So, recently we ran into a problem at englishintoulouse.com: we have over 500 members, and our ISP, which I used as a smarthost, objects to our sending more than 200 e-mails a day. So, sending a newsletter becomes a two-day job, with the last people on the list getting the newsletter a lot later than they should.

I went through the pain of setting up my own outgoing SMTP server. It was simple 10 years ago when all SMTP servers just accepted your e-mail: thanks to spammers, it’s become much harder and your setup needs to be a lot more precise if you want large ISPs to accept mail from your.

Here are the changes I made.

! SPF

SPF (Sender Policy Framework) is a DNS record that documents who has the right to send e-mail for your domain. In our case, the IP address documented as A and MX record are allowed to send e-mail for us.

For MaraDNS, you add a line like this: ~~~ % spf ‘v=spf1 a mx ~all’ % txt ‘v=spf1 a mx ~all’ ~~~

More details about SPF, including a script that builds the SPF record for you, are available on the [[SPF Web site http://www.openspf.org]].

! ISP setup

Several large ISP (e.g. AOL) filter incoming mail depending on the emitting IP address.

Configure a reverse DNS with your ISP, so the RDNS is consistent with your domain (I am not sure this is totally useful).

Remove your residential IP from [[SpamHaus http://www.spamhaus.org]] PBL: , link “Remove IP Address”. This lets most serious ISPs (Yahoo, Gmail, …) receive your e-mail. Some other ISPs use a blacklist from [[Trend Micro http://ers.trendmicro.com/]]. You can request being taken off their list, but they won’t unless you’re the ISP responsible for your address range…

AOL still won’t listen, so use your ISP as smarthost just for them, adding to /etc/exim4/hubbed_hosts: ~~~ aol.com: smtp.free.fr ~~~

AOL also lets you set up a spam feedback loop, but I am not done with that yet.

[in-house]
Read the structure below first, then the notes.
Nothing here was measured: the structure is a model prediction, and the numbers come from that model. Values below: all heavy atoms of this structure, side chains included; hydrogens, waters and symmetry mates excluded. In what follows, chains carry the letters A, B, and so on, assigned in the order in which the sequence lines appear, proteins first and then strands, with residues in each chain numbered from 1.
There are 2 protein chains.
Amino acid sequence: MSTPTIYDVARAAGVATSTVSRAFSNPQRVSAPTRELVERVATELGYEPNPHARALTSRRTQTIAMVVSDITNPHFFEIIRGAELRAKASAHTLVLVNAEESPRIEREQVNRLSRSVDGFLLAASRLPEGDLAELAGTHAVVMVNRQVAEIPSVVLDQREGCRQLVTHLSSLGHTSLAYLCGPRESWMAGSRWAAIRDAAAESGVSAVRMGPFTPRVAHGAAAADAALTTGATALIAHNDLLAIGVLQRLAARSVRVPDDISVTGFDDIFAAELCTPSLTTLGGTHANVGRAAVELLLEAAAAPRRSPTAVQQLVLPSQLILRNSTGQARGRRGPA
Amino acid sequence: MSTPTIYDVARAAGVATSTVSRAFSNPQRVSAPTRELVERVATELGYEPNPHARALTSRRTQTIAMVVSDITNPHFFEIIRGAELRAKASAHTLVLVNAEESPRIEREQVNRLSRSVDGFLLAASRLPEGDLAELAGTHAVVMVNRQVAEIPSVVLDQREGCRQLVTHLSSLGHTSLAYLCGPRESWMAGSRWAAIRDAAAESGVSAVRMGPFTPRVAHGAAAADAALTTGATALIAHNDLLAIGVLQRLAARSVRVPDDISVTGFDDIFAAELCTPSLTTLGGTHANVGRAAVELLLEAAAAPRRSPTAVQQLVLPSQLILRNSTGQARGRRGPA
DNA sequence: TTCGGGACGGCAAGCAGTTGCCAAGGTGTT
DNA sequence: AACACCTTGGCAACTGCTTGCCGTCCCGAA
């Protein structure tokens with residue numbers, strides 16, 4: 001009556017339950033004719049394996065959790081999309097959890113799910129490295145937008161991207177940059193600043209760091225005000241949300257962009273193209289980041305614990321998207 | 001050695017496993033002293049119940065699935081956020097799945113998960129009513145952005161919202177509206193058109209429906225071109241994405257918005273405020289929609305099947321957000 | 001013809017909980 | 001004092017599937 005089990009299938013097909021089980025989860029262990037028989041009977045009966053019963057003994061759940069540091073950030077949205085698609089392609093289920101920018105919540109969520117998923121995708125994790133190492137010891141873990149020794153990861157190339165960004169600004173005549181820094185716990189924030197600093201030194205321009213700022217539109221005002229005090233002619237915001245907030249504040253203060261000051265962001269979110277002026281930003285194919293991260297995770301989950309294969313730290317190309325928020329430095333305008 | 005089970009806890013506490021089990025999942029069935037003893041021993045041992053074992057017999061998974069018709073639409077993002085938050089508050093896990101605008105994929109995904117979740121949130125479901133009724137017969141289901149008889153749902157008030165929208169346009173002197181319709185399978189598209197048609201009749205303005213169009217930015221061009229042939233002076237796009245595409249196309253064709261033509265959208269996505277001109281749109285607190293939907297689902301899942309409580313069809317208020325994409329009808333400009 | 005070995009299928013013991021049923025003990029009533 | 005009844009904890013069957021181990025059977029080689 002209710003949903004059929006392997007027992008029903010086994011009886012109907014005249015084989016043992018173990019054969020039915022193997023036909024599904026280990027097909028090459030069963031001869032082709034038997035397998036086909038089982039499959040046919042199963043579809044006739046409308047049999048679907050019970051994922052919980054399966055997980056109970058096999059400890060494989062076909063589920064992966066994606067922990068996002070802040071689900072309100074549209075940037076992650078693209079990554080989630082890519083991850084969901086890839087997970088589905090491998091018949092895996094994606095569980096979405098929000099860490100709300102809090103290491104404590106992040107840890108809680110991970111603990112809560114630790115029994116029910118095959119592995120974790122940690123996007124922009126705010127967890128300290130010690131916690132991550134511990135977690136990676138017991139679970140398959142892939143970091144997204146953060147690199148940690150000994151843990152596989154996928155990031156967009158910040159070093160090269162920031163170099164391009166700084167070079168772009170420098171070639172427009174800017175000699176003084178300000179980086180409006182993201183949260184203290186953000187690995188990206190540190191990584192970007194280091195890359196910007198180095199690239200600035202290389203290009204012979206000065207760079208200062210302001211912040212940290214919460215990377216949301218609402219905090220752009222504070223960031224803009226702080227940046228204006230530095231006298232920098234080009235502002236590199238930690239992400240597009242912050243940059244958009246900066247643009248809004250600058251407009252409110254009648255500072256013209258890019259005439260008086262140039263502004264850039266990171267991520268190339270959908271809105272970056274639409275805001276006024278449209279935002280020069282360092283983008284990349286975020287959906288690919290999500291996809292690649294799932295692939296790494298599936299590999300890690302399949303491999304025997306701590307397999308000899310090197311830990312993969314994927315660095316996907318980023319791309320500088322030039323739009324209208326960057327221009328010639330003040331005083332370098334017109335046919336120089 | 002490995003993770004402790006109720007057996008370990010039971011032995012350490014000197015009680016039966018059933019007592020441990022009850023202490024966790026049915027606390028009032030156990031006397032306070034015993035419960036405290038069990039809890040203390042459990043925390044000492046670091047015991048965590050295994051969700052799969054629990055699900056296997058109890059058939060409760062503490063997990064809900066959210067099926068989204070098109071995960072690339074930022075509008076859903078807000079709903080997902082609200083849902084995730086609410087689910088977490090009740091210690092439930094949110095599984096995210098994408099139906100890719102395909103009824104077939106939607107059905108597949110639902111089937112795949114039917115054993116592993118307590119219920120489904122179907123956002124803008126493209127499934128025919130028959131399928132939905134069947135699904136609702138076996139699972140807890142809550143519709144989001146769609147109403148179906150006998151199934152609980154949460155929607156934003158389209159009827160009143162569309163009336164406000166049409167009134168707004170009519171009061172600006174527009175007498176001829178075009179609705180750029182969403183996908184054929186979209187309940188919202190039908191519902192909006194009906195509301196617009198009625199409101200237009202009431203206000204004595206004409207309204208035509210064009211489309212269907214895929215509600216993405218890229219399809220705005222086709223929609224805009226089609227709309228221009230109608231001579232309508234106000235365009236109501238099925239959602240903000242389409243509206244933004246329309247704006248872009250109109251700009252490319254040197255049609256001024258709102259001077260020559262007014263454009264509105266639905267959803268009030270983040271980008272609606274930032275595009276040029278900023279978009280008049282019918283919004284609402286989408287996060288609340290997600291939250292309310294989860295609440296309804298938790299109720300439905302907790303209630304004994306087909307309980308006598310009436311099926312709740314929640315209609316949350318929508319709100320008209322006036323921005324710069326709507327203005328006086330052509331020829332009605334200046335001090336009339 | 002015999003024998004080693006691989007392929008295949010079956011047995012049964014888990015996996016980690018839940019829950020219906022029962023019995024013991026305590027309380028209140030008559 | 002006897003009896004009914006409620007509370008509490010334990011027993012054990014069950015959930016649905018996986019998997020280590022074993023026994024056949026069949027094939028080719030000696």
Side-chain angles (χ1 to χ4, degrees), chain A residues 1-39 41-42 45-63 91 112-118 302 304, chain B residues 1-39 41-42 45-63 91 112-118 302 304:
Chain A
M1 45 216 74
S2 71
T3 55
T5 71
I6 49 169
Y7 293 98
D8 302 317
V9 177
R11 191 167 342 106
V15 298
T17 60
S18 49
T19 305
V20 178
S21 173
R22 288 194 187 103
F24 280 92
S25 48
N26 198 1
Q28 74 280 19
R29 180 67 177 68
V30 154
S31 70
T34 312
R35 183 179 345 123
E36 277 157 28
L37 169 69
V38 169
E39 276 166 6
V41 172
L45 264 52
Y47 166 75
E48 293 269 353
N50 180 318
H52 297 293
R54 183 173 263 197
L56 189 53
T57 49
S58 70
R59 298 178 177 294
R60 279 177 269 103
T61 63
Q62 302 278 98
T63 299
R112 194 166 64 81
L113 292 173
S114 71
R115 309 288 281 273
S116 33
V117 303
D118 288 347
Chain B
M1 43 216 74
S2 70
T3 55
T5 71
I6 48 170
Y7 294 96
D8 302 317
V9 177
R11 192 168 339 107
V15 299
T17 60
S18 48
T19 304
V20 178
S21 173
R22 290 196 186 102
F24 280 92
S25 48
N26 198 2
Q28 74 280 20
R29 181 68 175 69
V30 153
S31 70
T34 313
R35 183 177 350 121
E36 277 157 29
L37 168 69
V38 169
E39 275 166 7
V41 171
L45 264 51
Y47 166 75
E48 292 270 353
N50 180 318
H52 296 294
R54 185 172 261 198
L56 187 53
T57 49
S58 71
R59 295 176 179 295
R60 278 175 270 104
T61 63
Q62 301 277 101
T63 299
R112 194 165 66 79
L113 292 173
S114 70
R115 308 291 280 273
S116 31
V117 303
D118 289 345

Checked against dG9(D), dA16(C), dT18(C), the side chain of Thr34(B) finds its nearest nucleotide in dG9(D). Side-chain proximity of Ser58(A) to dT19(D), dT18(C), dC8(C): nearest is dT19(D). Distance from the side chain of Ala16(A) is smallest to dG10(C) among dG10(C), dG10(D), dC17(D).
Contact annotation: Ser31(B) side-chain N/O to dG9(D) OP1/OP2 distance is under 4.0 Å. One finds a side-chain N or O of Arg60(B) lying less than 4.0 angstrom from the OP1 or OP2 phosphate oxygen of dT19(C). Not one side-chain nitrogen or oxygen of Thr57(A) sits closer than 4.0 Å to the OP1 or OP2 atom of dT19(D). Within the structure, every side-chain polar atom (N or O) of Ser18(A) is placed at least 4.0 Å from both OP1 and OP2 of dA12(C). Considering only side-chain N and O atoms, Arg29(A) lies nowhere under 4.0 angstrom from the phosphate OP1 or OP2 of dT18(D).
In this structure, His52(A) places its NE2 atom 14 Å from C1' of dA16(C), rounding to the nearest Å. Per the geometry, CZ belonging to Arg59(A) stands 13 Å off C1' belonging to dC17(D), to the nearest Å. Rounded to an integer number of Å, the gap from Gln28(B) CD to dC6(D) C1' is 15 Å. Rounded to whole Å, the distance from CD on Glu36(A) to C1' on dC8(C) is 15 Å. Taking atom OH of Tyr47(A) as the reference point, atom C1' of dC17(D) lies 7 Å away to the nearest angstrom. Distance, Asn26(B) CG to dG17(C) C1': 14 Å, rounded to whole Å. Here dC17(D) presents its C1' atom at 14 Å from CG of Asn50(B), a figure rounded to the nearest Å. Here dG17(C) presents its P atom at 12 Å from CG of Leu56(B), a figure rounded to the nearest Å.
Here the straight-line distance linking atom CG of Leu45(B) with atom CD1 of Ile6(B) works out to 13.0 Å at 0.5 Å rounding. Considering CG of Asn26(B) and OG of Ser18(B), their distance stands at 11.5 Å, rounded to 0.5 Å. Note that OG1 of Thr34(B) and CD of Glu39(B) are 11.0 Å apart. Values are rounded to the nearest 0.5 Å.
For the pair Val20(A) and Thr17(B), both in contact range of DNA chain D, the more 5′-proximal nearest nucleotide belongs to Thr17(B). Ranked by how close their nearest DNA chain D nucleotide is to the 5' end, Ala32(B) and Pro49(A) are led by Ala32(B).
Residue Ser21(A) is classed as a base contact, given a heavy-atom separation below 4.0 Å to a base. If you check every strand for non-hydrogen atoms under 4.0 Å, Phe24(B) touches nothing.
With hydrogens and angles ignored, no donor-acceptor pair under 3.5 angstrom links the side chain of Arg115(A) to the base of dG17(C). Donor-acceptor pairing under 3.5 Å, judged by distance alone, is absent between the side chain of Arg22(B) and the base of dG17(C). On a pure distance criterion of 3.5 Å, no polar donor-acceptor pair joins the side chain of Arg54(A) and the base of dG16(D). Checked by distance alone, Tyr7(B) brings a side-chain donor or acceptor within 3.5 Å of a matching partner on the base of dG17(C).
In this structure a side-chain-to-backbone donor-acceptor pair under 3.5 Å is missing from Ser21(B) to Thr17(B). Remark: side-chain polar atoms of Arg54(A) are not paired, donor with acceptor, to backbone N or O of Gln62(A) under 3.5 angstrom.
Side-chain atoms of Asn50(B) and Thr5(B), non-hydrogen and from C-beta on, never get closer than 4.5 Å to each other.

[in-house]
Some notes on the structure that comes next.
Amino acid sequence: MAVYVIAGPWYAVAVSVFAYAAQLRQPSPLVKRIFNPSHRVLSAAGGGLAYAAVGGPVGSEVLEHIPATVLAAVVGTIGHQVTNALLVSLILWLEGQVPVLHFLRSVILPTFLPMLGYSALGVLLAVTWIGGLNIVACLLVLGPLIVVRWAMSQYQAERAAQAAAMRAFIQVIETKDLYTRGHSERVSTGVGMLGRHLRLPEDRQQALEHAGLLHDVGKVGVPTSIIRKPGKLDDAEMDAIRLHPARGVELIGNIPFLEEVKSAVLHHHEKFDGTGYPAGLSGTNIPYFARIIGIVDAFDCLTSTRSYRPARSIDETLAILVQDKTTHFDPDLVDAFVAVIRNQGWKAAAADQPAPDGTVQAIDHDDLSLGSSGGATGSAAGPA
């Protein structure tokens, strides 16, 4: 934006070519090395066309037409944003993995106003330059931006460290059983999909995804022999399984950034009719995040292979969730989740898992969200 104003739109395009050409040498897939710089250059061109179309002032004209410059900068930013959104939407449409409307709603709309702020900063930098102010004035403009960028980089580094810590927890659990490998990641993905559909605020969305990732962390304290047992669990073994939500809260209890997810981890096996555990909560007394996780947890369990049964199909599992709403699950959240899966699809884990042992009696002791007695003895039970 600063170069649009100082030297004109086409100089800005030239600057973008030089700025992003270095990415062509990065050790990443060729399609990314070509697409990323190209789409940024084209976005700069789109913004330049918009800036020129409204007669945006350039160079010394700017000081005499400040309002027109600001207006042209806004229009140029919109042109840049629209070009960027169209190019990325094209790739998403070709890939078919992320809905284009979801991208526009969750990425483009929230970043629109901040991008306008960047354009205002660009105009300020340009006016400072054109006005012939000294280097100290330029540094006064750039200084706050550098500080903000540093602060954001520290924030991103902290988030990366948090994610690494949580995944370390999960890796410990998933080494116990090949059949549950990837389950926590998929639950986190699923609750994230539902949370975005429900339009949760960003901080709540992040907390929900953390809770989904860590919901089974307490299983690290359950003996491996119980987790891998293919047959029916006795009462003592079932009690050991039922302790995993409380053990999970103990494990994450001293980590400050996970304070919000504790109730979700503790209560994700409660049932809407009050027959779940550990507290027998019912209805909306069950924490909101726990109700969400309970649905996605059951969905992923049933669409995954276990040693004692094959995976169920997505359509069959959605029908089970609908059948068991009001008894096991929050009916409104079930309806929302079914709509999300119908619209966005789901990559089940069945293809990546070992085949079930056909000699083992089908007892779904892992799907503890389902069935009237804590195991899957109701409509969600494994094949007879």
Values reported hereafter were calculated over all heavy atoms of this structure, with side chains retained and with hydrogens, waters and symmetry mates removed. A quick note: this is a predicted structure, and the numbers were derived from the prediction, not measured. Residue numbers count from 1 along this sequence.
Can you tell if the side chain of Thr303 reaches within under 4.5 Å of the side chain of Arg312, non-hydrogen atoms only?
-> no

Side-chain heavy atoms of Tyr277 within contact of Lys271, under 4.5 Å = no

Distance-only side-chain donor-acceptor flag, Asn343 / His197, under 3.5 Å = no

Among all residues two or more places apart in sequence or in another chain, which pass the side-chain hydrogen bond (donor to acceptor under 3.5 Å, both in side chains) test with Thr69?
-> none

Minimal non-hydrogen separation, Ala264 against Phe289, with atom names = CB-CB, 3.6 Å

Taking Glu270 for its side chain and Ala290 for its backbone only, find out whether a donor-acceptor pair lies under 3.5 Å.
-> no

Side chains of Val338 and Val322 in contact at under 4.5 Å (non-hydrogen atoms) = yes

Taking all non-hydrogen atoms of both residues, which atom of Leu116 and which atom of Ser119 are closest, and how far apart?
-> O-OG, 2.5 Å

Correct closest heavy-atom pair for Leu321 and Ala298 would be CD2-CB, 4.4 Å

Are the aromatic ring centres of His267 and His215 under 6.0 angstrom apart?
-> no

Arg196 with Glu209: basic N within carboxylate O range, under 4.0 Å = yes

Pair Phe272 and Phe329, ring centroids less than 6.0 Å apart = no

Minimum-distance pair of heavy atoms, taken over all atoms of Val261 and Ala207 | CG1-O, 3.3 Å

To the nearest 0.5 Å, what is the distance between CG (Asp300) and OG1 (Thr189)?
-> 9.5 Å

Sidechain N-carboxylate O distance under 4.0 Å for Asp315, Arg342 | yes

! Check your DNS setup

Another goal I had was to pass all of zonecheck(1) tests. This can be either run from their [[Web site http://www.zonecheck.com]] or installed under Debian apt-get install zonecheck.

It pointed out that my DNS setup was klunky at best. So, what I need to do is tell my registrar that each of my domains has two nameservers, ns1.% and ns2.%, with the appropriate addresses. The registrar transmits that to the registry. The thing is, this will only work properly if your DNS is consistent with the registry, i.e. you have ns1.% and ns2.% A and NS records set up. In MaraDNS: ~~~ % NS ns1.% % NS ns2.%

ns1.% 80.68.89.183 ns2.% 82.235.147.6 ~~~

Then zonecheck insists that my servers should also serve TCP requests. In MaraDNS, in /etc/mararc: ~~~ tcp_convert_acl = “0.0.0.0/0” tcp_convert_server = “80.68.89.183” ~~~ (with the appropriate IP address of course), and restart zoneserver (not maradns!).

Another pretty, Web-based, DNS tool that you can use is [[DNSCheck http://dnscheck.iis.se/]], which has the advantage of giving you an external view of your setup even if you do not have access to a machine outside your network.

! Misc

You can test your e-mail system with ~~~ telnet relay-test.mail-abuse.org ~~~ This runs a series of security tests on the IP you’re coming from and tells you the results. Ideal to find if you’re accidently set up as an open relay.